Suppose that the judicial branch wants to punish a person, even though the executive branch does not want to punish that person, and even though that person has not broken any of the laws of the legislative branch. The judicial branch waits for an enemy of that person to file a lawsuit against that person, and then the judicial branch finds that person guilty and sets a punishment for that person. The judicial branch has usurped the powers of the executive and legislative branches.

To prevent such abuse by the executive and judicial branches, the founders of America gave the legislative branch additional powers over the executive and judicial branches. The prosecutors of the executive branch and the judges of the judicial branch must be approved by the legislative branch, and can be impeached by the legislative branch.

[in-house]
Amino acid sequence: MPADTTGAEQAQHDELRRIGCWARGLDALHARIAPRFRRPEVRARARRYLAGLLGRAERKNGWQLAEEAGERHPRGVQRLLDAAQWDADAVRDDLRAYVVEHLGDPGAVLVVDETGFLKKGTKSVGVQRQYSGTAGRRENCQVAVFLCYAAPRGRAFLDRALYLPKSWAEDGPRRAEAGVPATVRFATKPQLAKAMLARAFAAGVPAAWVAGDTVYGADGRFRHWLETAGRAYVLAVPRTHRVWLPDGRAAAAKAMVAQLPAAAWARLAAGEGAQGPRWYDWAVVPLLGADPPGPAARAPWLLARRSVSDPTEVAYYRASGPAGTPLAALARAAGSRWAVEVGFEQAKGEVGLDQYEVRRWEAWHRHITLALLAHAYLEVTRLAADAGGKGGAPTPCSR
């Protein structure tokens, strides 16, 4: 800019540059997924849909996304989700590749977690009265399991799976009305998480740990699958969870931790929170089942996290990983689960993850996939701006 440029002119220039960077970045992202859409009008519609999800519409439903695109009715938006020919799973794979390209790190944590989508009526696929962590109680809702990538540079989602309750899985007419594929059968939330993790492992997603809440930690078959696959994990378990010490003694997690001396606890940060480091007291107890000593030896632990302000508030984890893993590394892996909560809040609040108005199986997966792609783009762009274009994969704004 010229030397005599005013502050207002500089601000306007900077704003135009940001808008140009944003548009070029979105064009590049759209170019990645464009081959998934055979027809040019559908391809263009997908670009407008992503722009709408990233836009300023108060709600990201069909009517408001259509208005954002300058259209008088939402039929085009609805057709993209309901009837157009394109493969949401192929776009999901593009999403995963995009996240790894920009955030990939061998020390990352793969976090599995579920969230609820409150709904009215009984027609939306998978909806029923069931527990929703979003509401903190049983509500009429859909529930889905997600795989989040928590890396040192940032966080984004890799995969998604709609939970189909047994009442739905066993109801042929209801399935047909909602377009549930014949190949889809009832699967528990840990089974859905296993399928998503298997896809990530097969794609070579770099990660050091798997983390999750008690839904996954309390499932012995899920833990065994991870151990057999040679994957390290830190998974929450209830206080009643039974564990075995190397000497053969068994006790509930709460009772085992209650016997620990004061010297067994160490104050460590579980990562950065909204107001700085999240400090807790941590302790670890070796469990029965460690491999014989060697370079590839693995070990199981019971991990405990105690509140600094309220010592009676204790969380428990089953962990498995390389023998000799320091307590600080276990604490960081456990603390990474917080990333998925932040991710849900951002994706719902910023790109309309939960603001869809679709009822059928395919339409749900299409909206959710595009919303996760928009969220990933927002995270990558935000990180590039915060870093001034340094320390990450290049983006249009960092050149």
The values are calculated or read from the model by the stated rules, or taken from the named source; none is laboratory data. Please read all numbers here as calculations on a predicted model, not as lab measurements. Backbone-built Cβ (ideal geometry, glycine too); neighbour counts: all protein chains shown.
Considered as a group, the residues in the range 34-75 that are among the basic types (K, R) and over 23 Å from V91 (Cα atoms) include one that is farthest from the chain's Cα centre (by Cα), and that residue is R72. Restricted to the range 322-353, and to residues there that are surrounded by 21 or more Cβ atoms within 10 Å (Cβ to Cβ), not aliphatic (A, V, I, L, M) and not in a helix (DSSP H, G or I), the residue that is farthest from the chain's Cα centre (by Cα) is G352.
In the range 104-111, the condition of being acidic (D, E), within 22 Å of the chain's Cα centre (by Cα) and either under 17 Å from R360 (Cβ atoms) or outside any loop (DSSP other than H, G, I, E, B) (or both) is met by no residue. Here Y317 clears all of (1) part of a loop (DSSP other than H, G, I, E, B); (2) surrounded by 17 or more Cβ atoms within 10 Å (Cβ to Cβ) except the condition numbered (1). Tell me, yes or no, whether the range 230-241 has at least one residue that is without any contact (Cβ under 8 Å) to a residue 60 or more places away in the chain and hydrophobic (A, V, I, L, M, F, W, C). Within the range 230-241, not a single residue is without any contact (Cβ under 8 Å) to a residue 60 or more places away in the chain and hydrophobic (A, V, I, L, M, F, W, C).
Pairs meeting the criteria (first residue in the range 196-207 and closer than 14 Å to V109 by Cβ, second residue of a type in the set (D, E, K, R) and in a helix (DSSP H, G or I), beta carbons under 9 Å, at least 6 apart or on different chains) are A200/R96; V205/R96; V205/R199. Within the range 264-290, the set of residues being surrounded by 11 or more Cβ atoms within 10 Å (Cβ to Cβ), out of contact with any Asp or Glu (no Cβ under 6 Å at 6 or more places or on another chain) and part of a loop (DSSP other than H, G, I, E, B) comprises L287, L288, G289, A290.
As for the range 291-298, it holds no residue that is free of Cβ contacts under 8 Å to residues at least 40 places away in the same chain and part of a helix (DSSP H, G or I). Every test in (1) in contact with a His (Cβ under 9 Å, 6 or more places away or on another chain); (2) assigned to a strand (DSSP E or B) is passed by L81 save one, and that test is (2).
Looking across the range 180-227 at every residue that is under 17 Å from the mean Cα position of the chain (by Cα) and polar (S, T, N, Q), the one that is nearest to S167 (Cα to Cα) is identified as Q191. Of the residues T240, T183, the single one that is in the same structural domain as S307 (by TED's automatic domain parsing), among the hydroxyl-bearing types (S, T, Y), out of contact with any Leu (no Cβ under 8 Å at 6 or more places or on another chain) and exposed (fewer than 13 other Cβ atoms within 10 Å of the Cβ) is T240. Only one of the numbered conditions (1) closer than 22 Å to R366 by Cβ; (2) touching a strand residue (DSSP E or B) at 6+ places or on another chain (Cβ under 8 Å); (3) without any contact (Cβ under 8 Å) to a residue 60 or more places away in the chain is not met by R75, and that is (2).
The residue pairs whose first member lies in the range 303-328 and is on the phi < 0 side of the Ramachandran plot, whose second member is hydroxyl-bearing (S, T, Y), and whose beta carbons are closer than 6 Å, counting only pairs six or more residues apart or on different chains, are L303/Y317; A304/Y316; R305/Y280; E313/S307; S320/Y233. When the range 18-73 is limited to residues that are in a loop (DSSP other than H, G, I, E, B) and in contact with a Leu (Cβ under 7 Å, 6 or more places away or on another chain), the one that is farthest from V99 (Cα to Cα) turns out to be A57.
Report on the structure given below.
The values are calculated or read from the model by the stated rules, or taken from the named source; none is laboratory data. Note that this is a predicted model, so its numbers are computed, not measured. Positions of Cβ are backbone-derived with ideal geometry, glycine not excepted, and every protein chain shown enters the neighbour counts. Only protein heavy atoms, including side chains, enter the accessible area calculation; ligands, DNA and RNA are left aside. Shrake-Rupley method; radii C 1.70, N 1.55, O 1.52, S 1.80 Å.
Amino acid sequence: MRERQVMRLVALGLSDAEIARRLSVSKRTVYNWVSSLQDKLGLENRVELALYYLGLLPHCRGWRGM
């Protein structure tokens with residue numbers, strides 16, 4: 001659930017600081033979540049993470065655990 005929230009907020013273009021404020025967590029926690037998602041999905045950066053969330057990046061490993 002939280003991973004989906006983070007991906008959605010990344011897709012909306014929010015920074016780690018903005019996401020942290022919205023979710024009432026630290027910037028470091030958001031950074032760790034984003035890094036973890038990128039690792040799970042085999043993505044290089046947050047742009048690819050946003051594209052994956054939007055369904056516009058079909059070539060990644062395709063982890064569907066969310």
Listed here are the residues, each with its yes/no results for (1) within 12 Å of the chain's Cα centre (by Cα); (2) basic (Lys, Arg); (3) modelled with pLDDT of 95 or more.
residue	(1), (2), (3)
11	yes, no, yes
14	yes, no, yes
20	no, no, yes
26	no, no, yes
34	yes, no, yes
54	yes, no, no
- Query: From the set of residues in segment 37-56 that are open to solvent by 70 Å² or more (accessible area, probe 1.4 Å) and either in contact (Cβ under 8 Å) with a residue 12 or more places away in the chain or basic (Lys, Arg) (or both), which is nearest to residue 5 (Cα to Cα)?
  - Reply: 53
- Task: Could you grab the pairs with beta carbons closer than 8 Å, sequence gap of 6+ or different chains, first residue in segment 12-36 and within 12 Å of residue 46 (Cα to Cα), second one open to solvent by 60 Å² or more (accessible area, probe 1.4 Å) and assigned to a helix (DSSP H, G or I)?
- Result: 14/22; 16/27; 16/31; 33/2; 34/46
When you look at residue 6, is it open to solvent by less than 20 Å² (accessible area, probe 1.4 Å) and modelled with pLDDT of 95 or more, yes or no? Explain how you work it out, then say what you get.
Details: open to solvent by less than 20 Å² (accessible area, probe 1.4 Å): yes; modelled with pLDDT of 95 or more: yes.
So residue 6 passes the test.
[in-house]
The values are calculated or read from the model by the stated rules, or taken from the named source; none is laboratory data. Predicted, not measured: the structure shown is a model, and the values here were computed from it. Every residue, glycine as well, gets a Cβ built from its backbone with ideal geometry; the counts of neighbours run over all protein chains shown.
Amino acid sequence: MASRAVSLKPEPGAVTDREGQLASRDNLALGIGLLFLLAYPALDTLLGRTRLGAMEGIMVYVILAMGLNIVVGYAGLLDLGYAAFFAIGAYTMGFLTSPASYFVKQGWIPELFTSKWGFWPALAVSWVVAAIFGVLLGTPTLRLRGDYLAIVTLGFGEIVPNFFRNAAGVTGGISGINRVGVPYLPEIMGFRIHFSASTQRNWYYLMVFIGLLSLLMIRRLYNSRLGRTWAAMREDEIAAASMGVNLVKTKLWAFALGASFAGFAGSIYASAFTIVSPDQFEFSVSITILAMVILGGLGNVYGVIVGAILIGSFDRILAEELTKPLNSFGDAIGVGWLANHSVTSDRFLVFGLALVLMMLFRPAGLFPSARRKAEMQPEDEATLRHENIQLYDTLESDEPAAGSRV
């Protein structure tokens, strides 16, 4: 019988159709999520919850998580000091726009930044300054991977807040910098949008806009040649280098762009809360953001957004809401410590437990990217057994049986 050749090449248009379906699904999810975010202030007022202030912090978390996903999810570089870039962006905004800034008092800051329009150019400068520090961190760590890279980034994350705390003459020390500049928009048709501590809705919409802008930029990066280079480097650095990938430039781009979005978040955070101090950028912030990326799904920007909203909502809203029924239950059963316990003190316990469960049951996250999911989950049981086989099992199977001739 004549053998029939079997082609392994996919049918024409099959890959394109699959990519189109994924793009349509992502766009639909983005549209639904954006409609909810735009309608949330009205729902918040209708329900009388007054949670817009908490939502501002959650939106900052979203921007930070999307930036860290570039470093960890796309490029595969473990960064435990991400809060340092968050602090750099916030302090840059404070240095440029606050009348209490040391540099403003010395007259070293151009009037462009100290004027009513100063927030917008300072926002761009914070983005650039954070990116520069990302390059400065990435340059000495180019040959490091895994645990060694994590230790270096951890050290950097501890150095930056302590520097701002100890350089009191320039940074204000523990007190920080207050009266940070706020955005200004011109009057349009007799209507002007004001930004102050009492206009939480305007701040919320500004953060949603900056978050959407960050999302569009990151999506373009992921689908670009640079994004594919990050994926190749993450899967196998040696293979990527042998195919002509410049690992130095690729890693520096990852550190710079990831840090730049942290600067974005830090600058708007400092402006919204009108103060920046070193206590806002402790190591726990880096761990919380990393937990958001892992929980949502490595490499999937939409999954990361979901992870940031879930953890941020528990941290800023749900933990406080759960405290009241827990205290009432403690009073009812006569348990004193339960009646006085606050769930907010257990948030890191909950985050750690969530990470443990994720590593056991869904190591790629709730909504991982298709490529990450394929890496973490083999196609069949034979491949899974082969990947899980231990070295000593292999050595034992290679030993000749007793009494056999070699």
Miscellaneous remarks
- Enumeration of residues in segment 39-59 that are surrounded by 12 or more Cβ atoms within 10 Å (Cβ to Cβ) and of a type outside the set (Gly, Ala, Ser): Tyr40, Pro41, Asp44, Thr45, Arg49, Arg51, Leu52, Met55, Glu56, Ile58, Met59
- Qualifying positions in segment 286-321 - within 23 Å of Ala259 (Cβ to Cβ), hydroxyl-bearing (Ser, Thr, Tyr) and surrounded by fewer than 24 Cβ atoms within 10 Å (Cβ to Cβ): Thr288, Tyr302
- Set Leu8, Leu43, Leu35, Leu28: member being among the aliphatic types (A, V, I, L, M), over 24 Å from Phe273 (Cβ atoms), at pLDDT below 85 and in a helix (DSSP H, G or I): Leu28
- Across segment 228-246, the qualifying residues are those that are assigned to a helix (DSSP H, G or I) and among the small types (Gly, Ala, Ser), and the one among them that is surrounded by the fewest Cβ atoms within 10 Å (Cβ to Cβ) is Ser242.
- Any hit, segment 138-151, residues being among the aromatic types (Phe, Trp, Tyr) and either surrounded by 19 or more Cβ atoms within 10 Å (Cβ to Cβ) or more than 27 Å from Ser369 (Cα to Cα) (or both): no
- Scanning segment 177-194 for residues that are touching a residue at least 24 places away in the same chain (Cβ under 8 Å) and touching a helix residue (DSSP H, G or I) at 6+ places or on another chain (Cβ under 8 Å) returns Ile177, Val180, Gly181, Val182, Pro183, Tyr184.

Also, the executive branch is often involved in changing laws, so the executive branch is often involved in legislative functions.

Also, the judicial branch interprets laws and sets precedents, which is similar to making laws, which is a legislative function.

Also, the executive branch includes various departments which make regulations and judge people who violate the regulations, so the executive branch usurps the powers of the legislative and judicial branches.

Also, fiscal policy (taxing and spending) and foreign policy do not fit into the categories of legislative, executive, and judicial. The founders of America did not anticipate that in the twentieth century the government of America would do more fiscal policy and foreign policy than criminal justice.